Although the nurse practitioner (NP) roles are yet to be fully understood in many care settings around the world due to lack of clarity and a better definition, it is largely documented in the nursing scholarship that such roles can be of immense importance in improving healthcare delivery and increasing efficiency of the workforce (Kaasalainen et al., 2013). The present paper summarizes two research articles and one expert opinion article to shed light on the NP’s role in providing palliative health care services.
In their qualitative study using a sample of 143 participants, Kaasalainen et al (2013) attempted to interrogate the role of the NP in the provision of specialized care for people with serious medical conditions and who were residents of long-term care homes. The study findings are interesting and insightful, and reveal that (1) the nursing practitioner role in this type of care assumes a multi-level approach, including taking care of the elderly and their relatives on a daily basis, liaising with other healthcare providers in seeking solutions, and working within the care system not only to enhance access to care but also to facilitate the uneventful transition, (2) the NP has the capacity to promote optimal palliative care by engaging in various clinical, consultative and decision making activities, and (3) the NP’s main engagements in palliative care include the management of patient symptoms, education and counseling, coordination and provision of care, as well as consultation with other professionals in the care continuum regarding the patient’s condition or treatment arrangements (Kaasalainen et al., 2013).
In their quantitative study utilizing a sample of 49 patients sampled from a primary palliative care clinic, Owens, Eby, Burson, Green, McGoodwin, and Isaac (2012) set out to investigate if individuals with a serious medical condition would demonstrate enhanced symptom management and minimal emergency department (ED) utilization over the course of their illness if they were exposed to primary care and palliative care originating from a qualified NP rather than a consistent provider. In the context of this paper, the findings of their study demonstrate that (1) NPs provision of health care to patients with terminal illnesses reduces ED utilization at the end of life, (2) attendance of patients to NP clinics can improve symptom management, and (3) the experience and education of these professionals are superlatively nested to manage many of the care needs for individuals with terminal illnesses (Owens et al., 2012).
In an expert opinion article appearing on The Wall Street Journal about whether nurse practitioners should be allowed to treat patients in the absence of the oversight provided by a qualified physician, one senior expert within the NP profession is of the opinion that NPs not only have the capacity to provide professional care but are also licensed to treat patients with serious medical conditions, hence should be allowed to practice autonomously. The expert notes that NPs spend more time with patients than physicians do and hence are better placed to understand their healthcare needs, not mentioning that this group of professionals is more versed with availing rigorous health education to patients, counseling and care coordination. In contrast, another expert aligned with the physician’s profession is of the opinion that NPs do not have the capacity to replace primary-care doctors or work outside the scope of the collaboration provided for by the physicians, and that the work of an NP begins only when a physician makes a diagnosis (“Should Nurse Practitioners,” 2013).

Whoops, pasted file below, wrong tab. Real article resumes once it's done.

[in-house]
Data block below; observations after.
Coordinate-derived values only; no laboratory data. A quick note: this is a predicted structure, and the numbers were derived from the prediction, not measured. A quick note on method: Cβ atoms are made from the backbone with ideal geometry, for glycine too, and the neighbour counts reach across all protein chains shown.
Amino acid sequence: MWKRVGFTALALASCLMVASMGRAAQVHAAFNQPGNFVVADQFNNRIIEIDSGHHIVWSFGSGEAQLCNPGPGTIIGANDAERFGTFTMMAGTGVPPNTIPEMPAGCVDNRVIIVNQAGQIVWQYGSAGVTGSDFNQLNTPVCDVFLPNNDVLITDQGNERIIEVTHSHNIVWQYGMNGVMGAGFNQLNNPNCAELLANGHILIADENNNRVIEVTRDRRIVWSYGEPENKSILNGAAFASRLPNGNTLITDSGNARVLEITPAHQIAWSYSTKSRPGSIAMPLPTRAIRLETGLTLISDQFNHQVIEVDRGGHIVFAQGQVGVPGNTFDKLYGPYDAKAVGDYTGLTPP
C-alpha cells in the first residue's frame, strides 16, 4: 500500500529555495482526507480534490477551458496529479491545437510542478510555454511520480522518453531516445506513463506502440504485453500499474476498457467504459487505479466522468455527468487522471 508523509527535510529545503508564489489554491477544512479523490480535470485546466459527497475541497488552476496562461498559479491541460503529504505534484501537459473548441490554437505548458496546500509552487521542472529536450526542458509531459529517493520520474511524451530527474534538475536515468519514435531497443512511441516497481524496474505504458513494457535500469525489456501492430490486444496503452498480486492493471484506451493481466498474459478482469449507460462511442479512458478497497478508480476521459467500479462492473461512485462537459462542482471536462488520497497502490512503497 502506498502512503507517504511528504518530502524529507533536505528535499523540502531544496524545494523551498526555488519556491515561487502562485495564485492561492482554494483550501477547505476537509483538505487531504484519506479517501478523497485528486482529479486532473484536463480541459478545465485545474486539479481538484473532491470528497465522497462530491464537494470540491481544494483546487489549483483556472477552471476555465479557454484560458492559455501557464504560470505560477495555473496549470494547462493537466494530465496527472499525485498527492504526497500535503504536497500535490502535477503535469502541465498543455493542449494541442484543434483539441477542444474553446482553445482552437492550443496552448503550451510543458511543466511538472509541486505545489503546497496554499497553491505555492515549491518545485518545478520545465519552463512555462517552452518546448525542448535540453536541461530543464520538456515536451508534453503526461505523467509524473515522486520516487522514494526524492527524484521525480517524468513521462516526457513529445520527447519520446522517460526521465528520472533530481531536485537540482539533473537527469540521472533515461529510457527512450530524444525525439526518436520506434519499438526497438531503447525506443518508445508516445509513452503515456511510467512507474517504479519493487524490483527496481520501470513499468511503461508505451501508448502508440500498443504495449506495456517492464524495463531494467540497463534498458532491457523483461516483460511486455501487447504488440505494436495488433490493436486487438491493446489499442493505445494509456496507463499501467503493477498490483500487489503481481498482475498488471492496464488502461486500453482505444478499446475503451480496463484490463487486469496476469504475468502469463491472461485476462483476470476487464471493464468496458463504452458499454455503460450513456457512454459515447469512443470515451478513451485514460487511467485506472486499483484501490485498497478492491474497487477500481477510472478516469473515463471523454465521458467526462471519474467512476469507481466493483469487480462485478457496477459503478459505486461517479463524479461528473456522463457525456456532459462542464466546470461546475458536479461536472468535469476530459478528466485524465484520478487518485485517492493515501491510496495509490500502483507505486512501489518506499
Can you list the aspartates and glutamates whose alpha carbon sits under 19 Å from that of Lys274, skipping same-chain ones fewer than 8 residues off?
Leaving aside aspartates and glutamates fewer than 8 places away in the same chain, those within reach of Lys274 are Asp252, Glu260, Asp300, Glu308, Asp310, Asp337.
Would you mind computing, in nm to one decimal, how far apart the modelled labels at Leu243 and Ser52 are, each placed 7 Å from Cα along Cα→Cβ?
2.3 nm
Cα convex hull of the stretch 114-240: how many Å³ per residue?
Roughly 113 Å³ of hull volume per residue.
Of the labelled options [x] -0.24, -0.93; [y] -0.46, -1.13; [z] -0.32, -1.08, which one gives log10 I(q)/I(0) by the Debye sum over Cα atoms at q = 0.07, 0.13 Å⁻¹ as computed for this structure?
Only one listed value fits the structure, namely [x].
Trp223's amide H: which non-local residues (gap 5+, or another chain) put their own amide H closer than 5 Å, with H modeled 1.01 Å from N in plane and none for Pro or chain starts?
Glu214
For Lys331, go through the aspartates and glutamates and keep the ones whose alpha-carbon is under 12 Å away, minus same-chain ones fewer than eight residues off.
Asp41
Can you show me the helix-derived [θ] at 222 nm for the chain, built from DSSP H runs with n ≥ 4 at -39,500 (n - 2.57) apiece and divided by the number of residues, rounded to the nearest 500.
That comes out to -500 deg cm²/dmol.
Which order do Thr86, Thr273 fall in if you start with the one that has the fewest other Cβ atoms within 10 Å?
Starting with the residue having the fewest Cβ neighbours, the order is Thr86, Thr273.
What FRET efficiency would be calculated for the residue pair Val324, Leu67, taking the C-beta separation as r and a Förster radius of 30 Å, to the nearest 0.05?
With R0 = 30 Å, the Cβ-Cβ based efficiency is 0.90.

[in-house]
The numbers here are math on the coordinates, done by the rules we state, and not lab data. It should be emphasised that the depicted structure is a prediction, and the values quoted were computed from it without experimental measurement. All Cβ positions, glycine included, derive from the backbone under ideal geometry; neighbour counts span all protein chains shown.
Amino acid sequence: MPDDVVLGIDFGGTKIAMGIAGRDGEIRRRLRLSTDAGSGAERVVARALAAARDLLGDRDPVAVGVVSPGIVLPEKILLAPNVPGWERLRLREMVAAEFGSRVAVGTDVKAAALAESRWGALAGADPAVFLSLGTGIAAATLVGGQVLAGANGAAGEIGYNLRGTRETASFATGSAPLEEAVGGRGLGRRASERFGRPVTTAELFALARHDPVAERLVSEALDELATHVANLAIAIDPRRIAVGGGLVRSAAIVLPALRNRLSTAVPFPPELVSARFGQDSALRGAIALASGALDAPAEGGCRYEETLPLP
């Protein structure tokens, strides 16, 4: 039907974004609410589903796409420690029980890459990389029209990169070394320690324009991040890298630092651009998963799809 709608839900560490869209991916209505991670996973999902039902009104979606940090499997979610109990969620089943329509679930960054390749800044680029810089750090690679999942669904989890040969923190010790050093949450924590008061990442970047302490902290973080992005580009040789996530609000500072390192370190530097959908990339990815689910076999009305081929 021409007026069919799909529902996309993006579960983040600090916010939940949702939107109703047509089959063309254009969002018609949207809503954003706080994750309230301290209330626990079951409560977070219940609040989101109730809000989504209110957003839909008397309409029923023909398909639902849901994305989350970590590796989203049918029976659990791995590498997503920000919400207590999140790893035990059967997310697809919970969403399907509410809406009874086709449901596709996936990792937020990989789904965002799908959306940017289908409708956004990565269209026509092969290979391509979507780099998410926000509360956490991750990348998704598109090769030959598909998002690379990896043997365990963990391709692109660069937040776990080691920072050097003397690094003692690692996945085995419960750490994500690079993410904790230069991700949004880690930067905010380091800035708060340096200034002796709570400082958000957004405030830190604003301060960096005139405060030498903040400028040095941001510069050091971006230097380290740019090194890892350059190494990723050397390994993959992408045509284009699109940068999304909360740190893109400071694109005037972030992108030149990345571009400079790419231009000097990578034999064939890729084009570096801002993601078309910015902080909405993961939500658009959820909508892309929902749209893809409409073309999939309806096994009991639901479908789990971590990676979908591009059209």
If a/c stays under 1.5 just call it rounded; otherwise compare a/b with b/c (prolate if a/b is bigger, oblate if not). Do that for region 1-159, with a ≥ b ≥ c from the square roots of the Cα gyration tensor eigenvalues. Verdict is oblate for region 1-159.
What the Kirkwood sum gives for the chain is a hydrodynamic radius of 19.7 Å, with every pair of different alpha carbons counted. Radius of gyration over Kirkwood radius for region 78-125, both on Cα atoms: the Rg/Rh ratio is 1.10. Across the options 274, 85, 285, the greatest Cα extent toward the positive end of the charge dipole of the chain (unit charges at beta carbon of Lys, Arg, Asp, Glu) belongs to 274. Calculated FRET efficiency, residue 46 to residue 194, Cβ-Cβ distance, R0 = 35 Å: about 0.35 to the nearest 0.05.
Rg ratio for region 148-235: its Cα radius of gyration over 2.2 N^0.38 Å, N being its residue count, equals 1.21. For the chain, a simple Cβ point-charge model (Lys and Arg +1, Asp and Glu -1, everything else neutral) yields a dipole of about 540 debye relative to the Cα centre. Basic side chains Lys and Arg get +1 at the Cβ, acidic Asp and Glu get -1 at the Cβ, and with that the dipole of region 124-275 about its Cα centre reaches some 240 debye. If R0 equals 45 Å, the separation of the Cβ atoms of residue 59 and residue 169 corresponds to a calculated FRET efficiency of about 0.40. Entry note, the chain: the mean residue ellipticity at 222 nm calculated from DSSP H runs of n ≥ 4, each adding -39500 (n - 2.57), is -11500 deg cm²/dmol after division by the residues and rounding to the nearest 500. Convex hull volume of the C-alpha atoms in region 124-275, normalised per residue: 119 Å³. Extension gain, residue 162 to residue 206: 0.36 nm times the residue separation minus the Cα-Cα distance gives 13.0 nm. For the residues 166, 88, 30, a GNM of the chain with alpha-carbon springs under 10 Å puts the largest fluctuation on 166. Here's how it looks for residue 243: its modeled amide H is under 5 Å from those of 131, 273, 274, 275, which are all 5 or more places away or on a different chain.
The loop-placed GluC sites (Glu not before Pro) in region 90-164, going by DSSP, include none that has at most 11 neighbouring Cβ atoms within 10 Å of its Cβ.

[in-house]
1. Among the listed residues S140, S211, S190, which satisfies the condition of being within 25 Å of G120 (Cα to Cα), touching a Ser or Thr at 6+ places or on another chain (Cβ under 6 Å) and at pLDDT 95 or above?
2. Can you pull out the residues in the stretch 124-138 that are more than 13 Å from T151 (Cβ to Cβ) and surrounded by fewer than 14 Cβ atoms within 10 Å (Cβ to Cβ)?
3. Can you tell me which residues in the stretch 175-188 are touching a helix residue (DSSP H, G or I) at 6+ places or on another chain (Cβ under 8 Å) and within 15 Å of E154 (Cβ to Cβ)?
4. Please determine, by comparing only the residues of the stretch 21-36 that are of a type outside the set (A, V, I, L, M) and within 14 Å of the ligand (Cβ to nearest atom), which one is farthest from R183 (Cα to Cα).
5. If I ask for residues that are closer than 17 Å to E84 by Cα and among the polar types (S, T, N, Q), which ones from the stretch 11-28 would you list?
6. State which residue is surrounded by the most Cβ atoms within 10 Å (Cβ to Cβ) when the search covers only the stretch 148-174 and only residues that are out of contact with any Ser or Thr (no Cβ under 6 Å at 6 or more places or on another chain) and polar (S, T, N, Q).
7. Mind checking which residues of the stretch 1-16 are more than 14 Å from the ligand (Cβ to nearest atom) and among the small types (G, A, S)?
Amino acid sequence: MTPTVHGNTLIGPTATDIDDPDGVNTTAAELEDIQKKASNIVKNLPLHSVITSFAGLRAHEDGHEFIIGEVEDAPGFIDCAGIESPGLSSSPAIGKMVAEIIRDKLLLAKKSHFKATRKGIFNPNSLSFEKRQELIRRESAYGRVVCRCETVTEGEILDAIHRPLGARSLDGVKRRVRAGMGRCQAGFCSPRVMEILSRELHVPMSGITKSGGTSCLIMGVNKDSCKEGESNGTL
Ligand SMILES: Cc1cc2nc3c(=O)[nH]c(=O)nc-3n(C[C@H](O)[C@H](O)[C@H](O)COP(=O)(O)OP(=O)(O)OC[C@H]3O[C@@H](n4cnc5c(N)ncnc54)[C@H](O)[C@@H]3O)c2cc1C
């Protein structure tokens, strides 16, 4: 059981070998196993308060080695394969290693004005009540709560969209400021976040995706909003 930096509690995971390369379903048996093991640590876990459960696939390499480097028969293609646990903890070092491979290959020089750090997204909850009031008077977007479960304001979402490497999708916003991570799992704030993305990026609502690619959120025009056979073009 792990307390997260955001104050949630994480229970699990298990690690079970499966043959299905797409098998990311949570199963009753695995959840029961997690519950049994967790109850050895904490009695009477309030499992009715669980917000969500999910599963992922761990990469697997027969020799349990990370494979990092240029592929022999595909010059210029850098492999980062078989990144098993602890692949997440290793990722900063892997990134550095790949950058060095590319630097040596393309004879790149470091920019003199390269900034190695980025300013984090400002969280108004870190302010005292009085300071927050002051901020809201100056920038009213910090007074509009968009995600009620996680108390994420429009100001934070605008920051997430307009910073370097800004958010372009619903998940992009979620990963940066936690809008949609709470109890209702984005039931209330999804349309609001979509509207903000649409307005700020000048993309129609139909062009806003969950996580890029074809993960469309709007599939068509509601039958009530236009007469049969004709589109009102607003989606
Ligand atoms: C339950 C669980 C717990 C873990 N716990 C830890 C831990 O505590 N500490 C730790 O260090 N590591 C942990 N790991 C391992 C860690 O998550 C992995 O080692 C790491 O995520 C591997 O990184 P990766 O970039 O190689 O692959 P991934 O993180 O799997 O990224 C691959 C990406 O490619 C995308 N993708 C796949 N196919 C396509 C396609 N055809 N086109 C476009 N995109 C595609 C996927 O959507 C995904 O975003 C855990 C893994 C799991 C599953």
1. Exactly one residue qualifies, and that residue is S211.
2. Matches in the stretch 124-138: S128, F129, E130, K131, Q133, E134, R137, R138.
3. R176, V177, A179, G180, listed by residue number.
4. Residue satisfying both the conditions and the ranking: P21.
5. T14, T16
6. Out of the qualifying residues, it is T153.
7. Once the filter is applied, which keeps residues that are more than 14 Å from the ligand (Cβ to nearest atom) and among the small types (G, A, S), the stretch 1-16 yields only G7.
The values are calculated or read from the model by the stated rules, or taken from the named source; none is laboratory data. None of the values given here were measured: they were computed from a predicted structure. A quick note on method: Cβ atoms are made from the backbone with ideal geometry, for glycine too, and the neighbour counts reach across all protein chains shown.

Overall, from the summary of the three articles, it is clear that an underlying role for the NP should be to provide palliative health care services to patients, as the evidence demonstrates they are well placed to manage palliative care environments and to assist remodel care delivery to meet the healthcare needs of patients. The argument by Reid Blackwelder that NPS lack adequate education and experience is a non-starter as the two research articles have demonstrated the immense benefits NPs can bring in terms of improving outcomes for patients as well as for other nurses.
Kaasalainen, S., Ploeg, J., McAiney, C., Martin, L.S., Donald, F., Martin-Misenes, R…Sangster-Gormley, E. (2013). Role of the nurse practitioner in providing palliative care in long-term care homes. International Journal of palliative Nursing, 19(10), 477-485.
Owens, D., Eby, K., Burson, S., Green, M., McGoodwin, W., & Isaac, M. (2012). The primary palliative care clinic pilot project demonstrates the benefits of a nurse practitioner-directed clinic providing primary and palliative care. Journal of the American Academy of Nurse Practitioners, 24(1), 52-58.
Should nurse practitioners be able to treat patients without physician oversight? (2013). The Wall Street Journal. Web.